I am in my early 30’s and recently I have become more conscious about my skincare routine. When I was younger, I really did not pay attention to my skin. I did the basics — washed my face followed by a moisturiser. I did not even bother using a toner as back then I did not quite get how a watery formulation could make any difference. Suffice it to say, time has caught up with me. I started seeing some changes on my face. First, the fine lines under my eyes and then some random, tiny brown spots that have seem to have appeared out of nowhere (I think these are the beginnings of what people call age spots).
I watched a few K-dramas, and I can’t help but notice how dewy and clear the actresses’ skin are. I got curious about Korean skin care and the 10-step process. It all sounds a bit too excessive and I am not quite sure how you could find the time to follow the process religiously but I was more curious than skeptical so I decided to give it a go.
The first thing I realised about the 10-step process is that you don’t really need to do the whole 10-step process every day. 5 days out of the 7, it’s more an 8-step process and only on 2 days do you need to do the full 10-step.
I have been following this routine for 2 months now and I have already started seeing noticeable differences in my skin. The fine lines and the brown spots are still there (though I think I have lesser brown spots than when I started), but the overall appearance of my skin has improved. My skin is smoother and feels bouncier. I have oily skin, so my forehead tend to have constant small bumps that are not quite acne but more like whiteheads. I still have some of that but they’ve noticeably lessened as well.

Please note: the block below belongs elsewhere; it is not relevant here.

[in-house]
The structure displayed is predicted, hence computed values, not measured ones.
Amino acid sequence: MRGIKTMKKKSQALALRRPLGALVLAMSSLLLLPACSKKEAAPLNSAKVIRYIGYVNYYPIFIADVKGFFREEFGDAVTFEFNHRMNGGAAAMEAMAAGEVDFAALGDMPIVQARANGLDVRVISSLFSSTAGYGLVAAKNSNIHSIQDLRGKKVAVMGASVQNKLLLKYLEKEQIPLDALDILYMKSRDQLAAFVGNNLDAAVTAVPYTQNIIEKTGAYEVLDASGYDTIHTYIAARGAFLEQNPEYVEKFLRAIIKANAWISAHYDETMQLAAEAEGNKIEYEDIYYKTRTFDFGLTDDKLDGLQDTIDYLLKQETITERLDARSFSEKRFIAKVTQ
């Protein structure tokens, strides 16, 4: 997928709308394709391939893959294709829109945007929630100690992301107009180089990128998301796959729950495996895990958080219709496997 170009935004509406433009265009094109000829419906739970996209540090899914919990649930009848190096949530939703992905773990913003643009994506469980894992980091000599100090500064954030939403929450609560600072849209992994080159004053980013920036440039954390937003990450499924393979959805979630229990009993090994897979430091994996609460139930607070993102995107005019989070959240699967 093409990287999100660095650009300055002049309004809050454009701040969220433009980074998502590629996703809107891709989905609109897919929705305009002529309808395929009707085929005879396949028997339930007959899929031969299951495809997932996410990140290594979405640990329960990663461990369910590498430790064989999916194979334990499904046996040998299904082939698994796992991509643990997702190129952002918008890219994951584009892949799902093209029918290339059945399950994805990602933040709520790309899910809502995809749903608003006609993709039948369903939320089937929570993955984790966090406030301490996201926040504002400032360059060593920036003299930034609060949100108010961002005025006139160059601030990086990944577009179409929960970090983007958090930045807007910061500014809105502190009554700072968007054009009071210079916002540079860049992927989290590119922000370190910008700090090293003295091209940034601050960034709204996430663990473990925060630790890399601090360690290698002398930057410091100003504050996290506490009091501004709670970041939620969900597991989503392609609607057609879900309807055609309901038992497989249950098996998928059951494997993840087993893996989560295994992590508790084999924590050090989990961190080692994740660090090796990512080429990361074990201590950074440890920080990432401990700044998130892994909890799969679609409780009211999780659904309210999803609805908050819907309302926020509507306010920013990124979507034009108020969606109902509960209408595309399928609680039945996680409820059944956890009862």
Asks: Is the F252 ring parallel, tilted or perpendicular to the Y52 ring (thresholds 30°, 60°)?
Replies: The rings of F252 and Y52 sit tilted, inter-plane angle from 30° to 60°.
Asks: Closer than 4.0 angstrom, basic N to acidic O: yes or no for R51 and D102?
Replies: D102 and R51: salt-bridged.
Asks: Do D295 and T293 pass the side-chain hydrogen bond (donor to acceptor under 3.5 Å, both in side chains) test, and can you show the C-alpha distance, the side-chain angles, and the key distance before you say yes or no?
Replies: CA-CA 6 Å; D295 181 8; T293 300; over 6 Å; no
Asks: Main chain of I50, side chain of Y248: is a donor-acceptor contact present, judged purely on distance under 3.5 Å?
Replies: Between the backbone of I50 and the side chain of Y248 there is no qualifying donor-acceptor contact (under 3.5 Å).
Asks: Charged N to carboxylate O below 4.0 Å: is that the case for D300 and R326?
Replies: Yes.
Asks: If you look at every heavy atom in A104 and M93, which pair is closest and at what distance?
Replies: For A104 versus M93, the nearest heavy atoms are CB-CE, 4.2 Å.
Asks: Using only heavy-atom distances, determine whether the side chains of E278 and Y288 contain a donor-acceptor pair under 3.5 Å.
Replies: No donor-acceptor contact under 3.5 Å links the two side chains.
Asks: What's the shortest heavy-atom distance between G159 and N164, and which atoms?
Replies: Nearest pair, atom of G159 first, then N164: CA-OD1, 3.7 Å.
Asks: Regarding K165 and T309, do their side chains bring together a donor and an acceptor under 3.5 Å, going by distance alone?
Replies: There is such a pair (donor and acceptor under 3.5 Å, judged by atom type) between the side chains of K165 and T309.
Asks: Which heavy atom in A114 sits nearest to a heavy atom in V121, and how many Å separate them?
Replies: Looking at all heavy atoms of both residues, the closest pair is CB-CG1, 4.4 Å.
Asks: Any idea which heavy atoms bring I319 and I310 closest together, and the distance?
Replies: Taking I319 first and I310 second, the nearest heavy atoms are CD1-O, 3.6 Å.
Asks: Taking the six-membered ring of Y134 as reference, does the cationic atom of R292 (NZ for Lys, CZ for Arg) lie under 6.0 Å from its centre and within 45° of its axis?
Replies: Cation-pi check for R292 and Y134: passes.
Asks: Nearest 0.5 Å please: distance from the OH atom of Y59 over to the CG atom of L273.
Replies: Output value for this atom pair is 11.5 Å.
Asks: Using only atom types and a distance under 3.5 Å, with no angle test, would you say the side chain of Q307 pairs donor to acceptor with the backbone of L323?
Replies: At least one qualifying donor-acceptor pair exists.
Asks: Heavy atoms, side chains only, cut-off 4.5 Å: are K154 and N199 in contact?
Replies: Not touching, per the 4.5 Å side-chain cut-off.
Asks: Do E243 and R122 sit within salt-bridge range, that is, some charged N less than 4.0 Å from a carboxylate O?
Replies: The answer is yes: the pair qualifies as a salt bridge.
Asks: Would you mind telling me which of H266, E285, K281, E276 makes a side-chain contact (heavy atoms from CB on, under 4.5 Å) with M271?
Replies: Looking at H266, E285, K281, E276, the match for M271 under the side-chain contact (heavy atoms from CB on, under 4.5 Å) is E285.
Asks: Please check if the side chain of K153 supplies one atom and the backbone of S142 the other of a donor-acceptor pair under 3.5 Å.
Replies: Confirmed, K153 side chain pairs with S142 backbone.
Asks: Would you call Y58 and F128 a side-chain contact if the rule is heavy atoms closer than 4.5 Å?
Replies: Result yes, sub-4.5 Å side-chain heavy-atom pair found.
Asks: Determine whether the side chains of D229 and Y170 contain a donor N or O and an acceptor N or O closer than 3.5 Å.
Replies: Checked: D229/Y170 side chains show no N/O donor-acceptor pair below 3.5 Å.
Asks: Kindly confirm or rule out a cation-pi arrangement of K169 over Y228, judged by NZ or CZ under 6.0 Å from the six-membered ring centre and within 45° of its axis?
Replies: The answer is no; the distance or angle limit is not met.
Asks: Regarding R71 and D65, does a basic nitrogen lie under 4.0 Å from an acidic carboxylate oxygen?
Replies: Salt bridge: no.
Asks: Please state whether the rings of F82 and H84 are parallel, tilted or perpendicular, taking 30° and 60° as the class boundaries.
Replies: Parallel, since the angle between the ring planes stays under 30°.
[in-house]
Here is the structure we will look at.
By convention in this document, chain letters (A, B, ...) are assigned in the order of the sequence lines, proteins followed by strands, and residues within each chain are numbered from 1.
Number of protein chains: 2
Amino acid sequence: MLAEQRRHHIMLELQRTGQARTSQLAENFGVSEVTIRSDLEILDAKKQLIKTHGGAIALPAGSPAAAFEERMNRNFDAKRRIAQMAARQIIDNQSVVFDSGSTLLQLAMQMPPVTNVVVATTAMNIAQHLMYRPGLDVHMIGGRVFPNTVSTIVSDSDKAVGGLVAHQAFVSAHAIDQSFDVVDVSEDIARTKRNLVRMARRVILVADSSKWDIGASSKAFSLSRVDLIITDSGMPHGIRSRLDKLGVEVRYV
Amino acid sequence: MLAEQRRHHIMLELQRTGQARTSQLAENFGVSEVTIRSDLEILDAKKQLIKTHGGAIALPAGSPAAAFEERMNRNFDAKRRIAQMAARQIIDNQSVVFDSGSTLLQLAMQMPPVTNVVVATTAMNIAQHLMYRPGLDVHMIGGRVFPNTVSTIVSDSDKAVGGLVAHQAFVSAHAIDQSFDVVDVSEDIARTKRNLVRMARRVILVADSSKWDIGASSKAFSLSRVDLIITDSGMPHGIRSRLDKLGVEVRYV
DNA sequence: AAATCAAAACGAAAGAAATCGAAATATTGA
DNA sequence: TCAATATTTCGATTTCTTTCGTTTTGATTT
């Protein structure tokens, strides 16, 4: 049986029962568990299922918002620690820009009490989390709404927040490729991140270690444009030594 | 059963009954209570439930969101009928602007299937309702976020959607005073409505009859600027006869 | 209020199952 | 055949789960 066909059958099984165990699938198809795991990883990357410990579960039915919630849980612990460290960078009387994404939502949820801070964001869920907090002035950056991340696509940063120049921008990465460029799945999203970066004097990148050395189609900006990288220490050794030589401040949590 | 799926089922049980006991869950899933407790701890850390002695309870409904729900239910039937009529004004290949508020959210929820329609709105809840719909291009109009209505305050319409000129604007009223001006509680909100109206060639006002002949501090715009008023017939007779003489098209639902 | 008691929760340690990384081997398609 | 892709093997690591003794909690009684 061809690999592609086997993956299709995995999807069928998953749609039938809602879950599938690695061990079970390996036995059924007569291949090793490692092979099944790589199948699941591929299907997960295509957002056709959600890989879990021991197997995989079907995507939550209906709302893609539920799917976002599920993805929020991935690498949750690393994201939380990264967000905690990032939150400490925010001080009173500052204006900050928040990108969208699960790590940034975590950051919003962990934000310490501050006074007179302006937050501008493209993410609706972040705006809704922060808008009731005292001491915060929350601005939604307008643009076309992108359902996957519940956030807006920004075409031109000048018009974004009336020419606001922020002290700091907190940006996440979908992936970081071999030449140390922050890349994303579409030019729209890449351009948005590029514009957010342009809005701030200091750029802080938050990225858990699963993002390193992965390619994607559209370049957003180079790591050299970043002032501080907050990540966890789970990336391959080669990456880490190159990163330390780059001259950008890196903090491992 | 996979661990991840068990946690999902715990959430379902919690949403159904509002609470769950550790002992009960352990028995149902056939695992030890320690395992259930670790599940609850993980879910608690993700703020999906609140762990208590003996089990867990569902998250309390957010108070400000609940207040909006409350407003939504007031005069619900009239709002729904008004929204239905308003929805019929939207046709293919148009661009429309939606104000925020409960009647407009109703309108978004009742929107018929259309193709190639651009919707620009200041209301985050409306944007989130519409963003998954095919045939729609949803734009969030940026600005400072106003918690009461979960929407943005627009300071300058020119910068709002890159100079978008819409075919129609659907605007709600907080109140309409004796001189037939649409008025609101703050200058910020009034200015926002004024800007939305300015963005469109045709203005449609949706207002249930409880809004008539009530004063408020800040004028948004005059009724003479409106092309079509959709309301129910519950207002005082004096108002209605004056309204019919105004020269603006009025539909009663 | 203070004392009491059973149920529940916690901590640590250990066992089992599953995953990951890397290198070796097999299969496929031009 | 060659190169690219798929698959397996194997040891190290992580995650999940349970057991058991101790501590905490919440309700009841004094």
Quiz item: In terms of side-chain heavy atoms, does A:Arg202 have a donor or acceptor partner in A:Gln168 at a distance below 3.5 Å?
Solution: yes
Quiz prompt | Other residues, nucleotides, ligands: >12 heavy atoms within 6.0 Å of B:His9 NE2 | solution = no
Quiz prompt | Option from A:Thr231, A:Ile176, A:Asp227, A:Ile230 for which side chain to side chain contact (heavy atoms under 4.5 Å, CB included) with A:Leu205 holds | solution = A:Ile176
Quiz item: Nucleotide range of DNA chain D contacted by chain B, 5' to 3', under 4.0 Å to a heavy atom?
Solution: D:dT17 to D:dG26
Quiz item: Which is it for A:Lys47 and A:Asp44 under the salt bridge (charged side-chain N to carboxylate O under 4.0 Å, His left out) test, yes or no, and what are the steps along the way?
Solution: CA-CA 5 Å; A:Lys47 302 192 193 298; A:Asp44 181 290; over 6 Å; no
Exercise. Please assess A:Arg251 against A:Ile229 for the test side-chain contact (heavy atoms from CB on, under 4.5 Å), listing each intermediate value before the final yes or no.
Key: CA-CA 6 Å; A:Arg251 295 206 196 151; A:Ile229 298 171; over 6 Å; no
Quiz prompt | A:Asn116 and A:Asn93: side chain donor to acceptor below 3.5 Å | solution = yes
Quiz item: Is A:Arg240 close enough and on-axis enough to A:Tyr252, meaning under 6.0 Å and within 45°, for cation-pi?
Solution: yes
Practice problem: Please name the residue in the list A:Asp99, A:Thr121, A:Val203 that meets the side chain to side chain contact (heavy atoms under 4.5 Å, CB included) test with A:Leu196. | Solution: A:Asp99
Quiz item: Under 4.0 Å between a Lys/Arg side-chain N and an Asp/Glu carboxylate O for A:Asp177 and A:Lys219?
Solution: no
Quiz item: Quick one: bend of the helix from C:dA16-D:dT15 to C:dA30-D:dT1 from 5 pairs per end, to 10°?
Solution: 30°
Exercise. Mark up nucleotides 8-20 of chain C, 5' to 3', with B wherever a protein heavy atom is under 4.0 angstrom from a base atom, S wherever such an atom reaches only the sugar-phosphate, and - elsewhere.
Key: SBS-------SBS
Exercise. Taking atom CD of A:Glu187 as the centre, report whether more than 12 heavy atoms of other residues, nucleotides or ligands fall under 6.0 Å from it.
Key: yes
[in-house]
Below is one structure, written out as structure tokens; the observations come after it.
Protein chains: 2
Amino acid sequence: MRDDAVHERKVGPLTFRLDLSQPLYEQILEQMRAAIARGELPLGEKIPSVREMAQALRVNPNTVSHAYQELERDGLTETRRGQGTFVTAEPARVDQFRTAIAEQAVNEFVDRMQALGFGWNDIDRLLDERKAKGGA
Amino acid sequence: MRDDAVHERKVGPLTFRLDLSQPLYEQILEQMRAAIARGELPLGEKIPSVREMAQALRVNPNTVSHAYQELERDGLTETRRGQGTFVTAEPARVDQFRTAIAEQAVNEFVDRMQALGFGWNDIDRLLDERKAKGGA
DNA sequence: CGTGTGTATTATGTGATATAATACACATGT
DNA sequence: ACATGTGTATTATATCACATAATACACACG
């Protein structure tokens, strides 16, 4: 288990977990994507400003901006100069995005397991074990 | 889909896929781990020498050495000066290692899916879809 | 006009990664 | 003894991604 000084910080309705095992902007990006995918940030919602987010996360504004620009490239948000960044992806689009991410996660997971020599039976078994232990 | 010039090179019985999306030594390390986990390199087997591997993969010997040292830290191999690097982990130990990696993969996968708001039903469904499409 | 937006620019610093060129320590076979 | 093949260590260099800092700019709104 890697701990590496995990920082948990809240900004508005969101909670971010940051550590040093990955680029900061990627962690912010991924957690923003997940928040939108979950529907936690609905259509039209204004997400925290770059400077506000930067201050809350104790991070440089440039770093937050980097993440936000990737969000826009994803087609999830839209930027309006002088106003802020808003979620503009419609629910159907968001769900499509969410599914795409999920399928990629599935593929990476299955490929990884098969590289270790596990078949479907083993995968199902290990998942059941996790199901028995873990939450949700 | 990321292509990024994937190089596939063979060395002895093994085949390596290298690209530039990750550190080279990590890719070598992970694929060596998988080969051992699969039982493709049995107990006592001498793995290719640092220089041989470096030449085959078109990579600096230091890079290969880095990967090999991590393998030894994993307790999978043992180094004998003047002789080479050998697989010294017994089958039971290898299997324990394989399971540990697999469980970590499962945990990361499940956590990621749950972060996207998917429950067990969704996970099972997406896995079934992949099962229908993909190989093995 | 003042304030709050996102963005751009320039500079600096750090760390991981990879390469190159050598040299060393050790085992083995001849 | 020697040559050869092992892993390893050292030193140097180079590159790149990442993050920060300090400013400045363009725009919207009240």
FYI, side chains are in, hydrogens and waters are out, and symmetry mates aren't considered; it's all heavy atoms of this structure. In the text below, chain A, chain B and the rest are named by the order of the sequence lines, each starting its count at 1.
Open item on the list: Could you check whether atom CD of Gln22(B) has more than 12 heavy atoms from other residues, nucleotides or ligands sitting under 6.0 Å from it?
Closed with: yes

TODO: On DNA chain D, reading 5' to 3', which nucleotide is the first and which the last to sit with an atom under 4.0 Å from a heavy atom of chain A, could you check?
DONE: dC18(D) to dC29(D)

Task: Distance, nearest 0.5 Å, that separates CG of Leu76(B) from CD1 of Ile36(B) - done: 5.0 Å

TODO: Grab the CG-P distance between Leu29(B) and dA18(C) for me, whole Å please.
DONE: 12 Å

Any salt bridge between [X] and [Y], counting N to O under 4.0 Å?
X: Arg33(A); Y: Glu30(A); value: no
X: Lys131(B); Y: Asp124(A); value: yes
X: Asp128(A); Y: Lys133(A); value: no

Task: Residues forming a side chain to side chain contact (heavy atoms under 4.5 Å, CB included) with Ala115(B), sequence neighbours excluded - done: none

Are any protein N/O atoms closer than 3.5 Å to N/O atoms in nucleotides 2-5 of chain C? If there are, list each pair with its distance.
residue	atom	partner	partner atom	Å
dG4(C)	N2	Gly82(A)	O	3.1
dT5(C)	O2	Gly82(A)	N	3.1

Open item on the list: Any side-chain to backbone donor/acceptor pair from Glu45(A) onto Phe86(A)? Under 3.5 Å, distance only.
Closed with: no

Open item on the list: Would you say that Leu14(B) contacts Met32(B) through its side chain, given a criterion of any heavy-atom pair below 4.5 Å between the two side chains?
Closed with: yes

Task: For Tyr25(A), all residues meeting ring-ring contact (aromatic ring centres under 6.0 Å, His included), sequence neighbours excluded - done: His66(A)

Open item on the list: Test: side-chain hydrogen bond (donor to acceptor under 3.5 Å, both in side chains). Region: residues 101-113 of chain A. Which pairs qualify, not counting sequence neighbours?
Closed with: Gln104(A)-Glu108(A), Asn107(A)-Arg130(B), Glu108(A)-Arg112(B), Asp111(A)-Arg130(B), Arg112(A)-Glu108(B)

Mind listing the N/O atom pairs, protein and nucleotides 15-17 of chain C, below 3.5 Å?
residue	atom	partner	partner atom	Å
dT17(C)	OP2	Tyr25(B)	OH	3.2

Very recently I came across a book called The Japanese Skincare Revolution while I was doing my food shopping in Japan Centre. I browsed the book and there were a couple of recommended facial massages. It reminded me of the time when I was living in Tokyo. A Japanese friend brought me with her to see an aesthetician. At first, I was not really sure what was special about this particular aesthetician so my friend explained to me that she will massage your face to improve the circulation and to prevent it from sagging.
At that time, my friend was in her late forties but she had very good skin — just a few wrinkles but what I noticed most about her skin is that it had a supple quality to it. The aesthetician started massaging just half of my face and after a couple of minutes, she handed me a mirror. I was so shocked to see how half of my face looked like I had undergone a face lift! I was only in my mid-20’s then but there was a big difference between the 2 halves of my face. So when I saw the face massages in this book, I bought a copy so I can try them myself. I have only recently been doing the massages so I can’t really tell the difference yet but I think this book is worth the investment.
In terms of the steps involved in Japanese/Korean skincare, I think both are very similar when it comes to:
- Cleansing (removing make-up then cleansing again with face wash)
- Exfoliating (1-2x a week)
- Applying toner
- Applying essence/face lotion
- Applying serum
- Using a face mask (1-2x a week)
- Applying moisturiser (and sunscreen for day time)
I think the Japanese skincare goes a bit further with its facial massages ensuring that the products are all absorbed by the skin whereas Korean skincare routine recommends a tapping motion to help with absorption. I personally do a combination of both. I guess only time will tell if my efforts will pay off.
Have you heard of other Asian skincare tips? Share you thoughts here.